Anyone with the simplest grasp of economics can explain supply and demand, and oil is no exception when these laws are applied. As the market jumps and dives with crude and shale at the helm, it's hard to determine the best companies to put your hard-earned money into.
Special guest Matthew DiLallo is here today to help us make those picks and help us decide which ones we should ditch.
A full transcript follows the video.
Sean O'Reilly: Oil prices just can't make up their mind, on this energy edition of Industry Focus.
Greetings, Fools! I am Sean O'Reilly, joining you here from Fool headquarters in Alexandria, Virginia. We have a special treat for our listeners, as the prodigious Matt DiLallo is joining us on air. How's it going, Matt?
Matthew DiLallo: I'm very well. How are you, Sean?
O'Reilly: Not too bad. How's life down there in Charleston, South Carolina?
DiLallo: It's great in Charleston. Always sunny, always nice.
O'Reilly: Awesome. First up, diving right in, we're anxious to get your thoughts on the roller coaster -- and I might be a little conservative there in calling it a roller coaster -- that has been crude oil prices. To start, can you just recap what's been going on over the last 12 months?
DiLallo: Crude oil has just been going bonkers this year. It fell off the table last year when OPEC decided they weren't going to cut production, and it's fallen and fallen and I think it's about $40 a barrel this year. Then it balanced for a while and then it has recorrected over the summer and it hit a six-and-a-half-year low a couple weeks ago of $38 a barrel.
However, then it went ballistic by 27.5%, more than $10 a barrel to the end of August. It caught everybody off guard. At the end of the month, it was up 4.5% for the first time in a long time, but it's continued to be volatile lately. Some days it goes up, Venezuela was begging OPEC for an emergency meeting, that skyrocketed oil. U.S. production is starting to decline; that helped oil prices go up.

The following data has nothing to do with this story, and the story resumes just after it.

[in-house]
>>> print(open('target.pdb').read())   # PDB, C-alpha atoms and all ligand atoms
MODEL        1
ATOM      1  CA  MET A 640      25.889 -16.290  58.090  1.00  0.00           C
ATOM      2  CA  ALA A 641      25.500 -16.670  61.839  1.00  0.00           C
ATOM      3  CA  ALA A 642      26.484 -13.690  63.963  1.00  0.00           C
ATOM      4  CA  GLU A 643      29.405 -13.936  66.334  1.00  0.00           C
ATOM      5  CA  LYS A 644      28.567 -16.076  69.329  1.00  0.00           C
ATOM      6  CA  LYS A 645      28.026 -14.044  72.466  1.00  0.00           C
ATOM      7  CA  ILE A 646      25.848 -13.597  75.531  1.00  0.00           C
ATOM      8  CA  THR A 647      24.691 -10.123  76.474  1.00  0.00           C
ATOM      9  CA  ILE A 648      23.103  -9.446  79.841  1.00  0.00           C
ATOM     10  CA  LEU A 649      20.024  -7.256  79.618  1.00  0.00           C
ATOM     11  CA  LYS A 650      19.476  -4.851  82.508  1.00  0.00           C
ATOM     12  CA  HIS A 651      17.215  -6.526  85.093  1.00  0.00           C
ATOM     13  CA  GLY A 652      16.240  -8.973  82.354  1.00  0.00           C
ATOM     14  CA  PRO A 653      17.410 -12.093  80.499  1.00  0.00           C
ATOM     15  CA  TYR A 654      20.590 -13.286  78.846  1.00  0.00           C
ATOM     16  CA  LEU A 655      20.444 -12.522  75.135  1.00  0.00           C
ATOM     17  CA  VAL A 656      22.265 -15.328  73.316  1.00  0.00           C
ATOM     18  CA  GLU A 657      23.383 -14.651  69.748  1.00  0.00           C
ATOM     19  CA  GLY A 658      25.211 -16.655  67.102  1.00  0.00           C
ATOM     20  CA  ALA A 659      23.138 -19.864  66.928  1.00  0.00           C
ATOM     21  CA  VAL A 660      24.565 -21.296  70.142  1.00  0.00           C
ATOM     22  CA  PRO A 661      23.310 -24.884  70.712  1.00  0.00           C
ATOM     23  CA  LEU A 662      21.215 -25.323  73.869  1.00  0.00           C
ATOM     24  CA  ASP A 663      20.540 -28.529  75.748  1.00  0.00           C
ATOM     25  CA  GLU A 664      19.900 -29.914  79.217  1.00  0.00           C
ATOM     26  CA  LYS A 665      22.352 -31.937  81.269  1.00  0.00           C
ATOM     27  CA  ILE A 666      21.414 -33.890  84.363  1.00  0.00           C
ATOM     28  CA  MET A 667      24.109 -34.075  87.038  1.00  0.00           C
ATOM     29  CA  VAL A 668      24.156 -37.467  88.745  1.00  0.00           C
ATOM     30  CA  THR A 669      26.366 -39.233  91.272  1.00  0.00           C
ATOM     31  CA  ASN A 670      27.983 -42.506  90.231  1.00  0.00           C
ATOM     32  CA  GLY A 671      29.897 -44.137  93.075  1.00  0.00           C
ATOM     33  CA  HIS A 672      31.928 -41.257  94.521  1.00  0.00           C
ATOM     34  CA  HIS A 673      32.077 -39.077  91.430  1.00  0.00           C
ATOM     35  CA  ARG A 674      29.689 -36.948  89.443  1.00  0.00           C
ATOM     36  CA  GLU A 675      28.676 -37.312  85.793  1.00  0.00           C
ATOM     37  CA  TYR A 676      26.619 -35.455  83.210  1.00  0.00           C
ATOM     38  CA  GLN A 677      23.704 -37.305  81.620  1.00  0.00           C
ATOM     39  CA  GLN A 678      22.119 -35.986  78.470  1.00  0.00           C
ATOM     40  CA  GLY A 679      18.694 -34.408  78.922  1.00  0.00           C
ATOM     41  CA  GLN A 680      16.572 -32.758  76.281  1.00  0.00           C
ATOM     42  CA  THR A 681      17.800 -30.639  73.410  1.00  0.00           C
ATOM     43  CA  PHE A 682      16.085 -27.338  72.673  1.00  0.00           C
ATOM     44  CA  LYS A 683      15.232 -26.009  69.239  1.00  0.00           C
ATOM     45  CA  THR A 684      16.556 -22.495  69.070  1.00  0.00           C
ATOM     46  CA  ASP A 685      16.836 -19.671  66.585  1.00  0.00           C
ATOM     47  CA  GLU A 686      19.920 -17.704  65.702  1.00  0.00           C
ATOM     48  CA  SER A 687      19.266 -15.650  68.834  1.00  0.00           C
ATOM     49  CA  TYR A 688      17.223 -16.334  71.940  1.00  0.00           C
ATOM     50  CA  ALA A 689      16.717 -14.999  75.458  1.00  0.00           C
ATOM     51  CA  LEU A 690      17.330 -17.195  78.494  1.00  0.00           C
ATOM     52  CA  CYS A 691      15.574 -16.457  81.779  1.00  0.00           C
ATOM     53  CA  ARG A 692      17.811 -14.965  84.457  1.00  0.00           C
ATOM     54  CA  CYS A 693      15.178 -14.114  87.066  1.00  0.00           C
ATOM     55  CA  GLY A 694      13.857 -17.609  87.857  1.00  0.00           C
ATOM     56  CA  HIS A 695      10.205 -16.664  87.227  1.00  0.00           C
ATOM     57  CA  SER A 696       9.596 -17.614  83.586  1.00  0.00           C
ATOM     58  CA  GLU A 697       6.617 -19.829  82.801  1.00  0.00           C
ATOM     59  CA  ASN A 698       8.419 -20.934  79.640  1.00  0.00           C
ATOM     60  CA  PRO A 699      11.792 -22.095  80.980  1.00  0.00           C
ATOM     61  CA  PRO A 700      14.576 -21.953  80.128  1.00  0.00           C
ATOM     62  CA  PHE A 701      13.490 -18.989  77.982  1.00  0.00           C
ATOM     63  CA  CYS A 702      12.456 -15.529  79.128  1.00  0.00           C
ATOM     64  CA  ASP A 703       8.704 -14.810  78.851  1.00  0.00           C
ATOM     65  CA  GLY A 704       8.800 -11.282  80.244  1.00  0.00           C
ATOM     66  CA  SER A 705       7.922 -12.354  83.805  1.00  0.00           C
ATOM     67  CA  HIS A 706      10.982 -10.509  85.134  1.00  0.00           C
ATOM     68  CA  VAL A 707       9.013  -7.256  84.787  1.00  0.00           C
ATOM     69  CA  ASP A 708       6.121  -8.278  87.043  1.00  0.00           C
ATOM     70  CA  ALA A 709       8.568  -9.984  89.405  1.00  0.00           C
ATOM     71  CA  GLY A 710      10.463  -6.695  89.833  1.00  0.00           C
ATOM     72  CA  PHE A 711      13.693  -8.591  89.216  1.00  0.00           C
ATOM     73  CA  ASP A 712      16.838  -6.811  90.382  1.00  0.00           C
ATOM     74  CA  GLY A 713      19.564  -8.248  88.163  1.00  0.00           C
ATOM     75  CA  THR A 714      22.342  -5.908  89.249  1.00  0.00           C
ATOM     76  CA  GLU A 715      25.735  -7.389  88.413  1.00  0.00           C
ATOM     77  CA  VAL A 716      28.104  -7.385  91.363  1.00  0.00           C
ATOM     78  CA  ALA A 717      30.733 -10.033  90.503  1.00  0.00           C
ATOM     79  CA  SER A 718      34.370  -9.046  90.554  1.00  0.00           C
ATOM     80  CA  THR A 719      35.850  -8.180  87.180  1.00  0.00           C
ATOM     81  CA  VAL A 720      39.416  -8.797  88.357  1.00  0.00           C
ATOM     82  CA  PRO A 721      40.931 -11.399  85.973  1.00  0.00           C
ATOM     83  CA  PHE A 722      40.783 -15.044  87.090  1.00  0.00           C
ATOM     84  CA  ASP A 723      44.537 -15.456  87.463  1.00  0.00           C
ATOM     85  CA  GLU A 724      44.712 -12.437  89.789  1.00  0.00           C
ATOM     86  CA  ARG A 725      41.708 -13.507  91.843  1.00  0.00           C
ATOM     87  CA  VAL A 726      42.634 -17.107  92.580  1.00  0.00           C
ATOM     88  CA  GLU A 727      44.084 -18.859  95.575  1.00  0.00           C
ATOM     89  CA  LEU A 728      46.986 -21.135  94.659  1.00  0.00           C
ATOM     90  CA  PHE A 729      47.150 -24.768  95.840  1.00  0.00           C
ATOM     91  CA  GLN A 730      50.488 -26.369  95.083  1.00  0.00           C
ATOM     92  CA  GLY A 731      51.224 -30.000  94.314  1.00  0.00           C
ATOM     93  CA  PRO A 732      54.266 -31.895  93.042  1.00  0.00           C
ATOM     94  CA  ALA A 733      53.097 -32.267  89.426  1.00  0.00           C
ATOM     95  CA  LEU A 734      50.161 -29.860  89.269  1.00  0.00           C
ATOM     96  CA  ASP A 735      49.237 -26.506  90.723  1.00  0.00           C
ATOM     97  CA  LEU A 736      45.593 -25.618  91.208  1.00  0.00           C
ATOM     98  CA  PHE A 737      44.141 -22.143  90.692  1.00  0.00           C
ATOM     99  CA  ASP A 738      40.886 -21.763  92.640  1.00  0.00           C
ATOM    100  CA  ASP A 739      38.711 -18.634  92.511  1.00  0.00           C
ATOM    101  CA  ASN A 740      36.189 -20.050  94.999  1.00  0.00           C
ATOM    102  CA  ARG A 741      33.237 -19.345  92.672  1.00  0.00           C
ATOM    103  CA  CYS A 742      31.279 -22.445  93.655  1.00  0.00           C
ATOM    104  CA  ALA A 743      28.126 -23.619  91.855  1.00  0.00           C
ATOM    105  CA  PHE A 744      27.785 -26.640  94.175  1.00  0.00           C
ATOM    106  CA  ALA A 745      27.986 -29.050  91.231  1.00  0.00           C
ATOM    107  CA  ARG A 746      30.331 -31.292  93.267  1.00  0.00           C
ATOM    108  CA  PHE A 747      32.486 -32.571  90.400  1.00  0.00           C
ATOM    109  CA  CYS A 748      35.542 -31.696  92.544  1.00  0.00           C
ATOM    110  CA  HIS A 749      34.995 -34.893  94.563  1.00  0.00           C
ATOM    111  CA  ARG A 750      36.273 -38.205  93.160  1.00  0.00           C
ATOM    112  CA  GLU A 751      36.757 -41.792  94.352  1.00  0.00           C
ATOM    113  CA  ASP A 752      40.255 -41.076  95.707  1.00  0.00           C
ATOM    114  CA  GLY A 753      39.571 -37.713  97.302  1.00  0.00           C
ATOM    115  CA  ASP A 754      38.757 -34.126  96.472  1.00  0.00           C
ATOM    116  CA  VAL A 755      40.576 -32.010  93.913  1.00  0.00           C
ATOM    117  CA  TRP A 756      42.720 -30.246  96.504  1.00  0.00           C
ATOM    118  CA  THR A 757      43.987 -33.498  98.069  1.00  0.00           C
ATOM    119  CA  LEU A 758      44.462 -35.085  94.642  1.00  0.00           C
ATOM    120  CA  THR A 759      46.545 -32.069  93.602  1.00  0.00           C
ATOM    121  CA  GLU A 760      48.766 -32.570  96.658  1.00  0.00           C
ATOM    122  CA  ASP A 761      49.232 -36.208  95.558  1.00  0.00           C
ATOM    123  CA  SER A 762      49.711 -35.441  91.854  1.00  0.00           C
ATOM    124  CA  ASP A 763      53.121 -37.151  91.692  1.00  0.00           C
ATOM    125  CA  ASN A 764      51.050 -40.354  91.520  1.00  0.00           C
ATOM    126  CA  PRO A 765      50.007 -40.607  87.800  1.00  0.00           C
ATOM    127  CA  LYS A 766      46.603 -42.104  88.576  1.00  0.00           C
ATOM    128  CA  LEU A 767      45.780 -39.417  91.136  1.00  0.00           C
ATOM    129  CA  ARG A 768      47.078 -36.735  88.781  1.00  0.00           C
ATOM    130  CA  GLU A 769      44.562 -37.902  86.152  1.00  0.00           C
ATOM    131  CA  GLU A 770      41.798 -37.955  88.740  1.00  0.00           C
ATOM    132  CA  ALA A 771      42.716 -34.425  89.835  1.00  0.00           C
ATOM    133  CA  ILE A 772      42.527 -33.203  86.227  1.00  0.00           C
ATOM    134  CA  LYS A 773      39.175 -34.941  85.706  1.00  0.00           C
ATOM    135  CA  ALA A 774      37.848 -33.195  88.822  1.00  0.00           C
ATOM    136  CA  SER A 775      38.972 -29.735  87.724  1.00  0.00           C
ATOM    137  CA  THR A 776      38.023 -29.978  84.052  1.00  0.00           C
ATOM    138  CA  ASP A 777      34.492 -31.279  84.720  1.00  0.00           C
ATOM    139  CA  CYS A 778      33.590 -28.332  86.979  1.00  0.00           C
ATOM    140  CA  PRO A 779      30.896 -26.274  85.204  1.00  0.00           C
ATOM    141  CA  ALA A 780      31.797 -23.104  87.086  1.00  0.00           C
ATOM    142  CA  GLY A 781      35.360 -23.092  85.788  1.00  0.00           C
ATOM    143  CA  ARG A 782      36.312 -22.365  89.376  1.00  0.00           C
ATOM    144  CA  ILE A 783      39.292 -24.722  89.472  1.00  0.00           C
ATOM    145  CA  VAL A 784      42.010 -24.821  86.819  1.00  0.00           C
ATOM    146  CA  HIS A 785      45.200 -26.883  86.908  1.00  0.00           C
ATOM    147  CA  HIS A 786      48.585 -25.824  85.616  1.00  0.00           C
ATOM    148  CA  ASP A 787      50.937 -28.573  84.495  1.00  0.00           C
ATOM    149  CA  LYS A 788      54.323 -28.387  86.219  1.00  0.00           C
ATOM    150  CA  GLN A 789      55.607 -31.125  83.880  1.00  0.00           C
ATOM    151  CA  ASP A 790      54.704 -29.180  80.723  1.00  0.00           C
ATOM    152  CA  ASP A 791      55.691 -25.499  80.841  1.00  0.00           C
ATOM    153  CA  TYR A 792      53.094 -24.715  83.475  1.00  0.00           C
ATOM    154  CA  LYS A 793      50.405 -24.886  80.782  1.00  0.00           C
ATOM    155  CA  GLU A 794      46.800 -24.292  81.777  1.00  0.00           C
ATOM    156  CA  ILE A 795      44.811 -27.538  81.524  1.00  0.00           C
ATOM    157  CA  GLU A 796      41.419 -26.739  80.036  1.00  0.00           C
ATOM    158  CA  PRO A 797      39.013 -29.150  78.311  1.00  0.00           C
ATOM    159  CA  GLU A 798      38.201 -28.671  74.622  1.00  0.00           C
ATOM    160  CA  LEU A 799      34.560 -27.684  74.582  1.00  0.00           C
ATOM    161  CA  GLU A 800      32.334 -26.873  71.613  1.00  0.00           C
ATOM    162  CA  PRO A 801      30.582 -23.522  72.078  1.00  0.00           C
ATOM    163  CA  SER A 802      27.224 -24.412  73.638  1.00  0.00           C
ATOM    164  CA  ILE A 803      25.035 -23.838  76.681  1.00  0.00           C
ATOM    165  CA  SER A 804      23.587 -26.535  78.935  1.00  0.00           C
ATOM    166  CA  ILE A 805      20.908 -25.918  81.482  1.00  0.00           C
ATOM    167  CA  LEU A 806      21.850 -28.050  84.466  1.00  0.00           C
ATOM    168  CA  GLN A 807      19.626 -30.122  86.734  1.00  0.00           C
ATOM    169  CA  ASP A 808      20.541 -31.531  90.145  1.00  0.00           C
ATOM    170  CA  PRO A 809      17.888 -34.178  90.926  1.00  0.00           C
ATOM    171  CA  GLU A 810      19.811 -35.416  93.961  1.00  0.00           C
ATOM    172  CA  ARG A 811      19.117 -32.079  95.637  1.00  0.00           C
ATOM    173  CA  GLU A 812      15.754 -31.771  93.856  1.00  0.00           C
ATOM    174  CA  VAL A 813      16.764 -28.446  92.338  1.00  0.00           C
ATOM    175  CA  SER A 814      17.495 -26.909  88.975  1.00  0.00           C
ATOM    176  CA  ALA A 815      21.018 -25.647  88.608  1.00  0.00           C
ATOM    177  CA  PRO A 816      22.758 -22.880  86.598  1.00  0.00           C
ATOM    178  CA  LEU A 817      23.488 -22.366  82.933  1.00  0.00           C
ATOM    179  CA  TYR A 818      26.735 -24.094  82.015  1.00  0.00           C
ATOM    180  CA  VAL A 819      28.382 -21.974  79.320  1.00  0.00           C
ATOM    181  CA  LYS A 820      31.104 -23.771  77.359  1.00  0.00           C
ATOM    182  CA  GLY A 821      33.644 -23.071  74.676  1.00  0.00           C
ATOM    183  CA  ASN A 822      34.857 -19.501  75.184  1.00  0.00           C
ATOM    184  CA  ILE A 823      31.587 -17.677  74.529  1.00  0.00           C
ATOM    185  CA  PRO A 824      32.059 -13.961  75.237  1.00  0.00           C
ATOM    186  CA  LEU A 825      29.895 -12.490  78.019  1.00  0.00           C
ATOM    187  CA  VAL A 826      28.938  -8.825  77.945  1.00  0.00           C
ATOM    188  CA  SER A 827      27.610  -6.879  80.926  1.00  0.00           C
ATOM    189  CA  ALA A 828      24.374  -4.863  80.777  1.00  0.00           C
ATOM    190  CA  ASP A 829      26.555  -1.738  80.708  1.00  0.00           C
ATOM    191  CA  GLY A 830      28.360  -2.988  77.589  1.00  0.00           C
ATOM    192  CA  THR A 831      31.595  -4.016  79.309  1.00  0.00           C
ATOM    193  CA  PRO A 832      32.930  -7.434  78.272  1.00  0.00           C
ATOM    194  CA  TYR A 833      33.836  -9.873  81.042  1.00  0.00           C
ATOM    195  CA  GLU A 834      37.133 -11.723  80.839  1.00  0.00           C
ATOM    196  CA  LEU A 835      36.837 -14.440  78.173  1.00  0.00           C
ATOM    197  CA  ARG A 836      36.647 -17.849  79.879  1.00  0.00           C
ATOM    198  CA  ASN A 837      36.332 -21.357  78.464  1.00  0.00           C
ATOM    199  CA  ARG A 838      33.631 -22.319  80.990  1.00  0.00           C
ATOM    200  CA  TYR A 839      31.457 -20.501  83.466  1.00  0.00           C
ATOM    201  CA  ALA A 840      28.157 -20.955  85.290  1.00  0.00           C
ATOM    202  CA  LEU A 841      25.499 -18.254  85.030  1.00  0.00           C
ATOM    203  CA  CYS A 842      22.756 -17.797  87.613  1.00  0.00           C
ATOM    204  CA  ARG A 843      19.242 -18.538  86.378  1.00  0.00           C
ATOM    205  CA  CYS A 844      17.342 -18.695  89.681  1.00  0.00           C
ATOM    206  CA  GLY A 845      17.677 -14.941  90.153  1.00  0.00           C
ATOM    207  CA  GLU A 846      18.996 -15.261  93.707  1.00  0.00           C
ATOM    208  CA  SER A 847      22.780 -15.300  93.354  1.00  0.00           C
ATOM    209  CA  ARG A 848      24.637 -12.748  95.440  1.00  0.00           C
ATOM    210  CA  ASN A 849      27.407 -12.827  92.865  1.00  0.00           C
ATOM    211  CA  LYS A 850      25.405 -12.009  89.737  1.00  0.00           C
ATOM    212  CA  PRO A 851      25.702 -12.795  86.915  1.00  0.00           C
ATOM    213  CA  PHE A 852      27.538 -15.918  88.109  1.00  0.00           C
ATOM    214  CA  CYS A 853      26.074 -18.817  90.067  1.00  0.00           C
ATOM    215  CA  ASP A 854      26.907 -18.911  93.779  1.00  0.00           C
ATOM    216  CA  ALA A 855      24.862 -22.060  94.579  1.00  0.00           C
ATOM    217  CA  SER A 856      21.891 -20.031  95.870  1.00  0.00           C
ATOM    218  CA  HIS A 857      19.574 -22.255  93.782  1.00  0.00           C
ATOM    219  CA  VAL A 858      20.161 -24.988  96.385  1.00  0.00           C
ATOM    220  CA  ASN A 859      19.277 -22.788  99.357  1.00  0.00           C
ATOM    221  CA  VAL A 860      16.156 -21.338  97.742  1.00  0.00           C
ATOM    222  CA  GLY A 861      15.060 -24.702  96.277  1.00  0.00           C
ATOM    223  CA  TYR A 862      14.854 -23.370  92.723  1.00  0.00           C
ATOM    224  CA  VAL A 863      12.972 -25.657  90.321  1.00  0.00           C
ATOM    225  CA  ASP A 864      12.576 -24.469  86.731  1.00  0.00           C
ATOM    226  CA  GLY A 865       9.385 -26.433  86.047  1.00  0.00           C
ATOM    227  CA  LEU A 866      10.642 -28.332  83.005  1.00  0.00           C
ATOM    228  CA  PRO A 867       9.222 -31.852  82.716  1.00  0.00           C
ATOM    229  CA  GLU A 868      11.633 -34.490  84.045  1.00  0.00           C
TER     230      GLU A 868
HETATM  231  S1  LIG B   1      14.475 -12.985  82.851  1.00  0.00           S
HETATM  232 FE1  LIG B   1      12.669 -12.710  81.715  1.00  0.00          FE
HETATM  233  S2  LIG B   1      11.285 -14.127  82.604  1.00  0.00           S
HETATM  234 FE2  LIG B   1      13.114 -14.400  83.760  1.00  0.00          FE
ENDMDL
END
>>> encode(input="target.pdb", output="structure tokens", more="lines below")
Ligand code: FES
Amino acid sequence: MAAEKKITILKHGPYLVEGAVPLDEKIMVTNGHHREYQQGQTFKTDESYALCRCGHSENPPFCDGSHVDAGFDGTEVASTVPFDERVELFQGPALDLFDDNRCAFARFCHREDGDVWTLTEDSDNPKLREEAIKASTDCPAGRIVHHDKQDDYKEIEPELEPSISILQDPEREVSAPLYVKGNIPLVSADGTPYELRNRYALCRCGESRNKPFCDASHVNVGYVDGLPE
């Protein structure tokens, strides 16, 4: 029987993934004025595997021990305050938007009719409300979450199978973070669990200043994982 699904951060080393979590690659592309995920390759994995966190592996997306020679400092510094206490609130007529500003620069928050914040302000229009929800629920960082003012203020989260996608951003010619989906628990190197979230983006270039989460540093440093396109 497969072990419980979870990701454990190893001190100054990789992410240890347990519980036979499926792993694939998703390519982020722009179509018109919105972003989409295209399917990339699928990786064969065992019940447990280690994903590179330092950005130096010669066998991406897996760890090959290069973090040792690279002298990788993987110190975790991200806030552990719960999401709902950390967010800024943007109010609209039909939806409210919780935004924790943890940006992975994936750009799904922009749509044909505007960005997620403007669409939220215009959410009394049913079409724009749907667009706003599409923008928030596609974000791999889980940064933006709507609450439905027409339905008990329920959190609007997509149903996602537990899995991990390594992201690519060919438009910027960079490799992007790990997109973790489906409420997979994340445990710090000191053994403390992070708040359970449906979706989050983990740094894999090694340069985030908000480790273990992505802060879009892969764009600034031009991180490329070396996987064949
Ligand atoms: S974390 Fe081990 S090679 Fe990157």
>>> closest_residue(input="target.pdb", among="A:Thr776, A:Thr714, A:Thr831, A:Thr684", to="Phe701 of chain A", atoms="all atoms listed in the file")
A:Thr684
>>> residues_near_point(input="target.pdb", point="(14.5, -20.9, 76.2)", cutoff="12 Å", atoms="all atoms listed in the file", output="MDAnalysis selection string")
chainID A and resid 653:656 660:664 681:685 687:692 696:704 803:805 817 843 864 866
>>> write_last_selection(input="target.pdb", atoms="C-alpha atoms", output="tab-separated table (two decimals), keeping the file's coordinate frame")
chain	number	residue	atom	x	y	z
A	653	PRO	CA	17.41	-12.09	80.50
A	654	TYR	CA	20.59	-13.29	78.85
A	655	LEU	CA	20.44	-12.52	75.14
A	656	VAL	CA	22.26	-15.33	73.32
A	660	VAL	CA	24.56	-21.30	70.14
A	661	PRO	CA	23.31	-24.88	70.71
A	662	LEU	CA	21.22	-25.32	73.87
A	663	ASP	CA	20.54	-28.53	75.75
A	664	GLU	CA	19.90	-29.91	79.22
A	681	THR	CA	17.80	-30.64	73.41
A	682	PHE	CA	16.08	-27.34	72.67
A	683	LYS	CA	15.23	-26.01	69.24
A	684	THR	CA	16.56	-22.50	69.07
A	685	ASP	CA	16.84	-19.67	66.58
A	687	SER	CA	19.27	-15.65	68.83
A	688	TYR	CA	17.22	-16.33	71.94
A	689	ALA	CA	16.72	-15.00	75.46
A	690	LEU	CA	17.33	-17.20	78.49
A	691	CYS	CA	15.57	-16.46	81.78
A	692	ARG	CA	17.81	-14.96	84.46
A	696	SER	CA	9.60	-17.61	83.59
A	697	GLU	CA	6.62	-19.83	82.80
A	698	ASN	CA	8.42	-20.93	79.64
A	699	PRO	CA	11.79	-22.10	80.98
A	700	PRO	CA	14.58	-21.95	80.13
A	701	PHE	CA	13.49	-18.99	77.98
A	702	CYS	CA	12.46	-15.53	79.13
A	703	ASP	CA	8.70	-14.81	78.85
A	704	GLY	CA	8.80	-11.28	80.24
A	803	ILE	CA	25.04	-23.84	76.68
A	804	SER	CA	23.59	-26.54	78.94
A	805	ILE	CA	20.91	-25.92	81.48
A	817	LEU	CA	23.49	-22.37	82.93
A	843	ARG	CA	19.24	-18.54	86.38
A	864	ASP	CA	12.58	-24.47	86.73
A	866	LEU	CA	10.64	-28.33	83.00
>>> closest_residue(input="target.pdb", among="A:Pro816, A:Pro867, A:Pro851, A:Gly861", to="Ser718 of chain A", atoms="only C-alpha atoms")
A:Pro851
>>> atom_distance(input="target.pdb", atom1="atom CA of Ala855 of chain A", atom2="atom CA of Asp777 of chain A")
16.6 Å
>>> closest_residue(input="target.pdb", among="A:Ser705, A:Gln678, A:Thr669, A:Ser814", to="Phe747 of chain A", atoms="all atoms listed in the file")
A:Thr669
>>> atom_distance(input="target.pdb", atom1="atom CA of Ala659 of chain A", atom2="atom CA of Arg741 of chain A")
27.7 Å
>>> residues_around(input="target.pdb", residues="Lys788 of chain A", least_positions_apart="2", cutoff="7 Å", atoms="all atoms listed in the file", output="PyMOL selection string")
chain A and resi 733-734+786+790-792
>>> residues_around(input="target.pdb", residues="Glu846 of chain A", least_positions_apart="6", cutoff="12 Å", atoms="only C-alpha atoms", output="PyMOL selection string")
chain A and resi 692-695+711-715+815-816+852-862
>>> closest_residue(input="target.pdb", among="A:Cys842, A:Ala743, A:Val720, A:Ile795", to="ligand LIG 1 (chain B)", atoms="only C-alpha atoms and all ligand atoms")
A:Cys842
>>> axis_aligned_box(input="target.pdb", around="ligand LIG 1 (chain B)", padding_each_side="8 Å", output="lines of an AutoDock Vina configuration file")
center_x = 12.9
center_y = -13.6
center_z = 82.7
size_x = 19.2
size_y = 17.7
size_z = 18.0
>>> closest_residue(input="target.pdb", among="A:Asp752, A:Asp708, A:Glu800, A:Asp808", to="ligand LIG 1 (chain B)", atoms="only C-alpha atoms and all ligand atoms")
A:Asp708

O'Reilly: The U.S. production climb was the interesting thing that I noted. Obviously, Venezuela is begging for this, that, and the other thing, but finally we're getting some kind of production decline.
DiLallo: That's what the market has really been looking for. It takes a while for all the wells to flow through because companies had a budget plan last year and they were drilling, and now they've finished a lot of their contracts with drilling rigs and those rigs are stopping and oil production really falls off because shale wells have such a large decline rate.
We're starting to see that, and that could really accelerate later this year. That's what the market has been waiting for. Once this oil starts to roll over, then oil prices should take up because it will help supply and demand better balance.
O'Reilly: As I understand it, the average shale well's decline rate is around six months. Given the rig count drop, why didn't the market have any faith that the production would actually decline? It seems to me like 1 + 1 = 2, and it was like the market didn't trust that oil production would decline, despite the cuts in capex and the decrease in the rig counts.
DiLallo: A lot of that had to do with the fact that shale drillers had gotten so efficient that a lot of them are still projecting growth year over year. It's kind of like the hump day for America. Oil production hits a plateau through March and April; it kept accelerating because they were still drilling and completing all these wells. Now it's finally falling over.
The market just wasn't sure if oil prices would stay high enough that drillers continued to drill more wells and they'd been so resilient that that's played into some of the problems with crude oil. They're just able to drill more wells with less money and that has really surprised the market, and that's part of the reason why crude has been so wild this year.
O'Reilly: The other problem has been China and the growth concerns over there. With oil prices this low, we've been told that production would fall; that's starting now. The other thing we've been told is that bankruptcies are starting to become prevalent. There have been a few, but in your opinion has this proven true at all?
DiLallo: Not yet. One of the things that really helped oil companies is the spike in oil back earlier this year. A lot of them raised capital. They went to the debt markets and they got...
O'Reilly: When oil popped up to $60 in the spring, where you had that 50% ride, they all raised money.
DiLallo: Oh, yeah. It was like a flood to the market. Everybody raised as much cash as they could get and that has really helped a lot of the companies. There's this thought that if they could just make it through a year or two they'll be fine. That has helped a lot of them to not go bankrupt, but that might not last forever.